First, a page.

Emily Reily 11 a.m., March 27
Sound description: '80s, new-wave pop, and electronica, with films and art shows worked into live performances.
RIYL: New Order, the Smiths
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- Website · Aug. 3, 2007
- Musician Interviews · Nov. 24, 2004
Ex-Band Members: Mark, Electronics, Keyboards
Influences: New Order, the Smiths, Belle and Sebastian, Pet Shop Boys, Anything Box
The one-person band brings to mind images of a bass drum strapped to the chest, cymbals hooked to the knees, an accordion slung to the side, and a harmonica harnessed in front of the mouth. These days, with MIDI synthesizers and computers running sequencing programs, it's a tad easier for the one-person acts to hold their own.
In the 1980s, the "thing" was two-man bands like Soft Cell, Bronski Beat, and the Pet Shop Boys: someone on the electronic instruments, the other singing. Following this form, Earnest Rapture began as a two-person project in 1997 with college friends Cara Mia and Mark, hailing from New Jersey with plenty of synthesizers but no computer. They began work on what would be their first album, Yesterday's Lemons, but Mark, according to Mia, committed suicide before the album was finished. She completed the project in her partner's wake and continued solo.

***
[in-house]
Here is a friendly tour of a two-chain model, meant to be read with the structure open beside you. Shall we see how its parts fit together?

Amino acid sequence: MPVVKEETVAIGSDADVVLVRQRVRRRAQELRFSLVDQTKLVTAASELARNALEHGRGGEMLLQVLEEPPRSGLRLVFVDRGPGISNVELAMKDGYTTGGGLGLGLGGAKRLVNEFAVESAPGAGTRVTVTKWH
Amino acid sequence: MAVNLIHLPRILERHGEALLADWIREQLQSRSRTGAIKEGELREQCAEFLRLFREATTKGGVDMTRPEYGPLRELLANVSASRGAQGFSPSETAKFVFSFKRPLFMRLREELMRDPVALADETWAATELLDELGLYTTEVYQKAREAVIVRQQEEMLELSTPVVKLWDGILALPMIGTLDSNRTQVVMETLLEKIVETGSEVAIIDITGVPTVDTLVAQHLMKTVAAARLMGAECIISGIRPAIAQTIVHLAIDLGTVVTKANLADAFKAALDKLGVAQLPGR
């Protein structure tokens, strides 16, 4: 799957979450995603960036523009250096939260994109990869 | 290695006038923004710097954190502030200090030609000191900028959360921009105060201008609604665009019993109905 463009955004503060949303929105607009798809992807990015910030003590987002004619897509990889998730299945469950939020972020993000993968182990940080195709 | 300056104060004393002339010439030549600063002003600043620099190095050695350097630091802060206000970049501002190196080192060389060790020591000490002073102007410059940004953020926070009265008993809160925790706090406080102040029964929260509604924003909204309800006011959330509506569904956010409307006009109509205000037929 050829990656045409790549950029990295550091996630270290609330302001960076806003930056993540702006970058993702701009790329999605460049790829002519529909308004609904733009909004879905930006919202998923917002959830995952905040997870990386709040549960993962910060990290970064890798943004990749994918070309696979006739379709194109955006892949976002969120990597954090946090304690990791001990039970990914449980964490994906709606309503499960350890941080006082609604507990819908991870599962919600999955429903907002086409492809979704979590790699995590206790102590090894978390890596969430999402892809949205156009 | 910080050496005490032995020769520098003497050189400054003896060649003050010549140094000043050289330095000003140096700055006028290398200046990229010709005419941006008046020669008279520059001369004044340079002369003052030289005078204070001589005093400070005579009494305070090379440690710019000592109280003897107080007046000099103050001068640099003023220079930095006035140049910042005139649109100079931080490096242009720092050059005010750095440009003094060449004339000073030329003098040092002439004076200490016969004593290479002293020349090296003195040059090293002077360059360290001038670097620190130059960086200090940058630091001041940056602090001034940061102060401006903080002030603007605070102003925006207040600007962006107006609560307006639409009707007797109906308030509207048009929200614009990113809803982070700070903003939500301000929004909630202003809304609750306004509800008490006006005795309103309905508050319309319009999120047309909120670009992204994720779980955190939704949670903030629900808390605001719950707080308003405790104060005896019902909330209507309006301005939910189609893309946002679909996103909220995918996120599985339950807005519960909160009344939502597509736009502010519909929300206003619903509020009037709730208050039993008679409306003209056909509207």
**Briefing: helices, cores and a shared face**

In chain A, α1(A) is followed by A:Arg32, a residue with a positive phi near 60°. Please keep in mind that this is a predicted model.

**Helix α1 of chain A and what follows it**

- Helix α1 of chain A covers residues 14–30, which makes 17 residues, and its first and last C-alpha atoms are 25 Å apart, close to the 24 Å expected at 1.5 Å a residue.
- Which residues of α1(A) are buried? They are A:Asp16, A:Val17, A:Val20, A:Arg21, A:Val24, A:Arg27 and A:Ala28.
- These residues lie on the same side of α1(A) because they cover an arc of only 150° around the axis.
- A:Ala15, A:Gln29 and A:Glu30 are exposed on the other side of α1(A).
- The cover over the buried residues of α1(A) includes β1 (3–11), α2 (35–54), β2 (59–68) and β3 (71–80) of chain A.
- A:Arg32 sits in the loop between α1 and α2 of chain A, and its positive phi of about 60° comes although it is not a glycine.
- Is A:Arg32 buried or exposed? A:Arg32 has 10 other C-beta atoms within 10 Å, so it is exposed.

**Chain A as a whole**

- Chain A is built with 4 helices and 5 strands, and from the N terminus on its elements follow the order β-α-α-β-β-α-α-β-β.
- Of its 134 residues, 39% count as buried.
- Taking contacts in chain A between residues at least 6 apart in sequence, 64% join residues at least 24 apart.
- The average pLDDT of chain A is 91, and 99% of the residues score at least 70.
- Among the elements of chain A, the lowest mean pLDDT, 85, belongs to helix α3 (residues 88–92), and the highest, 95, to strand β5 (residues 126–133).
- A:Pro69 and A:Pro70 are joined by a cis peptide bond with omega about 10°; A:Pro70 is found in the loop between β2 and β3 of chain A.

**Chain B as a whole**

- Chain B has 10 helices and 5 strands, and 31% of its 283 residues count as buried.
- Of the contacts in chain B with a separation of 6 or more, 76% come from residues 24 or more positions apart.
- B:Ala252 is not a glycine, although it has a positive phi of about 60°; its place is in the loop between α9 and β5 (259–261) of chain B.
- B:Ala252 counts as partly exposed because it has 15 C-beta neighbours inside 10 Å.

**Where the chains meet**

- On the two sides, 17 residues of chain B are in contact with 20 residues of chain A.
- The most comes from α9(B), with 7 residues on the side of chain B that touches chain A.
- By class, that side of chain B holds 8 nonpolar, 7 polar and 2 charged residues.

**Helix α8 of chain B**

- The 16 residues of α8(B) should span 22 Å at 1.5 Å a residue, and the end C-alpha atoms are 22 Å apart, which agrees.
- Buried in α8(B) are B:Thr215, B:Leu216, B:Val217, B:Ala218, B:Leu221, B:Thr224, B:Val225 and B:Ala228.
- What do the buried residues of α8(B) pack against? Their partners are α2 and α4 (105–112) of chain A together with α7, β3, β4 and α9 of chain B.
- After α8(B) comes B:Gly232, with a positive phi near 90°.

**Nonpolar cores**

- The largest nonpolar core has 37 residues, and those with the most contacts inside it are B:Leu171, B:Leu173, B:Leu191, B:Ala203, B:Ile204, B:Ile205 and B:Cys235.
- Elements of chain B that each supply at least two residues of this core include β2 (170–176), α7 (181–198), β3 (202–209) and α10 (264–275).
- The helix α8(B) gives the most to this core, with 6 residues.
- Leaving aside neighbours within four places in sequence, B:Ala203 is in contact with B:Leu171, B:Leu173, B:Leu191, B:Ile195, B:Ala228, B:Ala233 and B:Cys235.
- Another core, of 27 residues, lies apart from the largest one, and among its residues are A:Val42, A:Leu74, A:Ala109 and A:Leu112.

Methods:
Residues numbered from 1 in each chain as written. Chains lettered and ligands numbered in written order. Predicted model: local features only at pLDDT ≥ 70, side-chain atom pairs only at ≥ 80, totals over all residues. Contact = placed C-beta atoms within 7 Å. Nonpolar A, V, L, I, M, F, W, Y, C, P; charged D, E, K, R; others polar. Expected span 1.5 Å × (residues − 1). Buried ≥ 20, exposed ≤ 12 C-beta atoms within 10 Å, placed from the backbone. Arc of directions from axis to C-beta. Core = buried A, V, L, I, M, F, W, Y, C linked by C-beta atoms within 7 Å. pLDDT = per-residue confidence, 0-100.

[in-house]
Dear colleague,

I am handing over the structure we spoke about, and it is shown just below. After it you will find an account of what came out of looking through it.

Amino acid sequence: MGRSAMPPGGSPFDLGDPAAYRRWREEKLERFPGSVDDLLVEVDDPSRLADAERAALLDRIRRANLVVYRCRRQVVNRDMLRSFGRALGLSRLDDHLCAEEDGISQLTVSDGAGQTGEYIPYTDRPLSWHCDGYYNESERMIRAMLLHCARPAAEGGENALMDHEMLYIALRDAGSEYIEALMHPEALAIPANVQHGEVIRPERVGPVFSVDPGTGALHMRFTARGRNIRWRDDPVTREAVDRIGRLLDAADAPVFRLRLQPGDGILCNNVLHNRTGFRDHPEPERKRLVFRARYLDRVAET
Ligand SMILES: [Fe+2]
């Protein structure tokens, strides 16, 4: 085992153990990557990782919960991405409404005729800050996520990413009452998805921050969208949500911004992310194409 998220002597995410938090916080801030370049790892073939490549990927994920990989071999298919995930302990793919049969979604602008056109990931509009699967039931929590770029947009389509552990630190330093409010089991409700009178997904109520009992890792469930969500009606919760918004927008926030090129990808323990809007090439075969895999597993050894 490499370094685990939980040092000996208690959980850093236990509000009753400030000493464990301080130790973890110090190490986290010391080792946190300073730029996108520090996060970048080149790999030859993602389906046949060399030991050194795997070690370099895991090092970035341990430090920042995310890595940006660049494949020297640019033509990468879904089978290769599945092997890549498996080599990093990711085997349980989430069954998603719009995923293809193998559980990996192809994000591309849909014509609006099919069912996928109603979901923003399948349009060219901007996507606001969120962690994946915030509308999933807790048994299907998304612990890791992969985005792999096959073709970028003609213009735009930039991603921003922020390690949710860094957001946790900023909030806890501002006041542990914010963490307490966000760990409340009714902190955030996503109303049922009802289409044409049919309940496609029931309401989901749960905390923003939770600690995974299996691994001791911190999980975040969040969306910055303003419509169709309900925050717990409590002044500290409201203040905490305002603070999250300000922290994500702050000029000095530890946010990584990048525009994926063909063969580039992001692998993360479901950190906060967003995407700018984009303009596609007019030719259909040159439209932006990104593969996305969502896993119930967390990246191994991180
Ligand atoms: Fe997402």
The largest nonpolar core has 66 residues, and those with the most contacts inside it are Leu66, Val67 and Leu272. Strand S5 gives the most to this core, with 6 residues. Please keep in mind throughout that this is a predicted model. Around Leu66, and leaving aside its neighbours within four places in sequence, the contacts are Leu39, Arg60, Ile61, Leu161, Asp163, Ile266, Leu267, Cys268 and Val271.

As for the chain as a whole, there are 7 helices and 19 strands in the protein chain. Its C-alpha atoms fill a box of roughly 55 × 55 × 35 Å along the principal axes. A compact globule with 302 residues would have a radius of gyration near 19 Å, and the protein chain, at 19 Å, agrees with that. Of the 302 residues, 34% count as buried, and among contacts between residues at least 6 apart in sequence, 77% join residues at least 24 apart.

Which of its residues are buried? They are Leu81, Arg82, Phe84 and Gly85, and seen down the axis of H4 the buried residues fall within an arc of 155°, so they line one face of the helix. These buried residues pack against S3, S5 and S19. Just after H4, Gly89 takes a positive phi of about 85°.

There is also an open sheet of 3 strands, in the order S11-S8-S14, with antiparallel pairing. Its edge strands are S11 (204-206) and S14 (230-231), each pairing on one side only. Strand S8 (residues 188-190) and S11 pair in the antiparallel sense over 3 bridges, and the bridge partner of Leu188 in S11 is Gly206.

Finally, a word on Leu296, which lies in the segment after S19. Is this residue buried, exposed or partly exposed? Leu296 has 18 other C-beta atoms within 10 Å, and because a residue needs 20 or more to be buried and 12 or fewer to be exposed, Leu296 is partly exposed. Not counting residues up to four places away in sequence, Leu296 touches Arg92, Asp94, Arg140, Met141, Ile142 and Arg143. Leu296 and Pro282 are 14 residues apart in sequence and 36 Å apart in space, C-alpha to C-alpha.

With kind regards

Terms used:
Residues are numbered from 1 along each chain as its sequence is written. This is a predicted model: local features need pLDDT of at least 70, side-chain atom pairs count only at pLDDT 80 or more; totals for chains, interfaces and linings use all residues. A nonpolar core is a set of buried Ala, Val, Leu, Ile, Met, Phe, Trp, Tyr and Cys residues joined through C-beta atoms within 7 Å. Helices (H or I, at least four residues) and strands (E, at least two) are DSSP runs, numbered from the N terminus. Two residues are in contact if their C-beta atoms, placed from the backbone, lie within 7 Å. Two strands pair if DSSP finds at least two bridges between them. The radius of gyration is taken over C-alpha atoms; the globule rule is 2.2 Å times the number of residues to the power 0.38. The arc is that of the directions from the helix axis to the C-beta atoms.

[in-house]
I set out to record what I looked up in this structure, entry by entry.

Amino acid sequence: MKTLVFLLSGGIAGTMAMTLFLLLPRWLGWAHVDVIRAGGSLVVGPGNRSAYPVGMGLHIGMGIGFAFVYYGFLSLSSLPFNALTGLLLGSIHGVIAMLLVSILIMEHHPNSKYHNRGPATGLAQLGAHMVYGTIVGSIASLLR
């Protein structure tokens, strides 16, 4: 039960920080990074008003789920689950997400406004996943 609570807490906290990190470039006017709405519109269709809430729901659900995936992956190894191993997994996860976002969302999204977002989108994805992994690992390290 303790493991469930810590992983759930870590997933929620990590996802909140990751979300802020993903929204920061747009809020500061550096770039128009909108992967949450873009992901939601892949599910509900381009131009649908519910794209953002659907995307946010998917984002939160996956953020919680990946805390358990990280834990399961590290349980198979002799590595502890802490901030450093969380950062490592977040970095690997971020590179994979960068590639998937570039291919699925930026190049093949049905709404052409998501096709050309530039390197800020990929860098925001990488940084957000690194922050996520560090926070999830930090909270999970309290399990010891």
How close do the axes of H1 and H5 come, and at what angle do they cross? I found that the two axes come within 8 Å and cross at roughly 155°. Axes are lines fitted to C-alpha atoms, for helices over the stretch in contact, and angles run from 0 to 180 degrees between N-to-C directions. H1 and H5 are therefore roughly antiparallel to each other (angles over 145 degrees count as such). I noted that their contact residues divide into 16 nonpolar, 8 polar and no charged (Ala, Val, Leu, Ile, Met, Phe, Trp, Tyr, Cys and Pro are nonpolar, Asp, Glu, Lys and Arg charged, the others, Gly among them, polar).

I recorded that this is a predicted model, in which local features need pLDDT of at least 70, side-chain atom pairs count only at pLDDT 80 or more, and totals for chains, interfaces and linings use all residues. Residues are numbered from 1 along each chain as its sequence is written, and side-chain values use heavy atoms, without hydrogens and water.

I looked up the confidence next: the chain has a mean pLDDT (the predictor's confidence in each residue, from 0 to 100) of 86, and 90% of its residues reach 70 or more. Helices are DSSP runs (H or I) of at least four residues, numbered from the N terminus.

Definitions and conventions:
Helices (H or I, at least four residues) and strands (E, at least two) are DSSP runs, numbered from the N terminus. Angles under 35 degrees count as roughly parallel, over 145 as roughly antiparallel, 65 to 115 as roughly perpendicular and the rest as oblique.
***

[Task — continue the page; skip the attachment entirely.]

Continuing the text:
Why the move to San Diego? "Because the company I work for relocated here," says Cara. "I also publish an online multimedia magazine with contributors from around the world."
Retro-'80s synth-pop is what Earnest Rapture is all about -- melodic, poetic, somewhat dark but always danceable -- an homage to the digitized music culture of a past decade. The band's equipment includes Digital Performer, Reason [software], Motu 828, Roland Juno 106, Rhode NT 2, dual processor G4 for recording/engineering, G3 iBook for driving visual projections, and G4 iBook for driving the rest of the live set.
-- "Lists," 11-24-04